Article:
Once upon a time, advertisements appeared in print or on the air, simply explaining why their product was better than its competitors, or offering a cute jingle to get into the heads of potential consumers. But now, that’s not enough. According to Forbes writer Krizstina “Z” Holly, “these days, if you’re not thinking about getting your customers to run through a train station or assassinate a stranger with a water gun, you’re probably getting lost in the crowd.”
She’s talking about a trend she calls “curated experiences,” or a new trend in marketing that offers your customer an adventure connected to your brand, rather than a traditional advertisement. She says this surfaced as a business model originally, as with the performance art pieces “Sleep No More” and Invisible Cities, which offer an interactive experience in a venue that is usually presentational. Now, companies are getting in on the act, if you will, and in our social media-inundated world, this experience of adventure leads to online sharing, guaranteeing more exposure.
We’ve seen examples of this trend recently here in Boston: cliff diving off of the ICA building courtesy of Red Bull and 10,000 motion-activated LCDs along the Esplanade in the Lucy Activewear #lucylightforest. You could probably even think of a few more subtle examples, manifested in your own life. What did you Tweet about?
In his book, Buying In, culture and media analyst Rob Walker calls the phenomena “murketing,” a portmanteau of “murky” and “marketing.” For Walker, though, it’s about more than the experiential nature of this new marketing; he talks quite a lot about how, through this, the brand becomes about more than the product. It’s a symbol of something more, a lifestyle, or even an ideology. Gone are the days of ads like this. Instead, companies like Twitter rarely advertise themselves traditionally, focusing more on building that experience.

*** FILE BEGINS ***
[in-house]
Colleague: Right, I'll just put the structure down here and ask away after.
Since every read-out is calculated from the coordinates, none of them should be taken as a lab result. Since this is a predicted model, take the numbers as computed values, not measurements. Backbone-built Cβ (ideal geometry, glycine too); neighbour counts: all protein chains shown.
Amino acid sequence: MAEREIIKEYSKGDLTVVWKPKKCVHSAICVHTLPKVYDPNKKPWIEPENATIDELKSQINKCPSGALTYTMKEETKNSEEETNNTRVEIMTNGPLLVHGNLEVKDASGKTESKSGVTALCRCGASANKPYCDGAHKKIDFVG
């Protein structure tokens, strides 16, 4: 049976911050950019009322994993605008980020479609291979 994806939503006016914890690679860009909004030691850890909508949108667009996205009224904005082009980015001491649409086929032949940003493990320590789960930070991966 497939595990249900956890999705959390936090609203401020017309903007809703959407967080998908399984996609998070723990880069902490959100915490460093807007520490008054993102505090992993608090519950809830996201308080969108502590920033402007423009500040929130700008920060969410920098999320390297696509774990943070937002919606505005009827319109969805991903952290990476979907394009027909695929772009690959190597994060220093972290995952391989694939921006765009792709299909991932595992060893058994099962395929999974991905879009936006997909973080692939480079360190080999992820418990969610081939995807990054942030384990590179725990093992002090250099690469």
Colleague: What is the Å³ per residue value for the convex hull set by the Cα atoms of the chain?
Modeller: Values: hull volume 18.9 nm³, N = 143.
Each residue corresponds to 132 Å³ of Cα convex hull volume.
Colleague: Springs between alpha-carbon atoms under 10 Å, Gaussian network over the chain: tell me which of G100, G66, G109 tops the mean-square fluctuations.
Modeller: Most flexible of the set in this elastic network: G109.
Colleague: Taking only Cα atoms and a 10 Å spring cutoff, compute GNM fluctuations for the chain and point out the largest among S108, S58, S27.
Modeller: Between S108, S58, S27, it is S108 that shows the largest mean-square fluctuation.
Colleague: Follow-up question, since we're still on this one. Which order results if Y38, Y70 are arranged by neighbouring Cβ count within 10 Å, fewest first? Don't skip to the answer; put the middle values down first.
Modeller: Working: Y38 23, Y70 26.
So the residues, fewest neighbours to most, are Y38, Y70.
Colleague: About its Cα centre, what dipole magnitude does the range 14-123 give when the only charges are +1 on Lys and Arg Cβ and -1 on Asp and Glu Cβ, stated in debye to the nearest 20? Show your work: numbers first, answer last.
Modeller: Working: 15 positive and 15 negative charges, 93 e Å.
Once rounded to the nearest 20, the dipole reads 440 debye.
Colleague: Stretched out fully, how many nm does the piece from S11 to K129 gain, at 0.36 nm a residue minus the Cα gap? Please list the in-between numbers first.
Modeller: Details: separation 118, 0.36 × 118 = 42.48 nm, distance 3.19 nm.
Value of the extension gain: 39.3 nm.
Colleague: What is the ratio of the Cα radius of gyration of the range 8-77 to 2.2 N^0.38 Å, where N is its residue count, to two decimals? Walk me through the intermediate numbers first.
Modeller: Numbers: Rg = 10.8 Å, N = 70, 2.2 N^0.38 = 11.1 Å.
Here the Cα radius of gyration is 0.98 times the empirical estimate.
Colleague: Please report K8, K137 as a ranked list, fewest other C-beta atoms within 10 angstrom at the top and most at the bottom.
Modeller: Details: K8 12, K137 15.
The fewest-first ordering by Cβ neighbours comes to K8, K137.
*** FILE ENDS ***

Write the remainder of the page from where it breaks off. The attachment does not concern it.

What’s hard to comprehend is that our own sharing, as Holly mentions in her article, becomes further marketing, or marketing, for the brand. One great example of this would be posting photos on Facebook after the Color Run, which is more than an experience. At the end of the day, it’s a business and each participant pays around $50 to participate in “the happiest 5k on the planet,” and for the privilege to share those photos.
Murketing becomes an issue because we sometimes aren’t even aware that it’s happening; thus, do we know that we’re being subtly manipulated? The implications of this are great, and as technology and marketing techniques become more sophisticated, that manipulation could become even more subtle. Yet, as both Walker and Holly mention, this new form of marketing allows us to be more involved in the process. Because, in this new world, we do have a say in the brand’s ideology, and we are participating, whether through active learning or water gun battles, in the future of the company.
What do you think: is it worth giving up total awareness of marketing to have more experiences worth sharing? Are you fooled by murketing? How will this change as today’s college students become marketing executives?
– Gracie McKenzie, 2015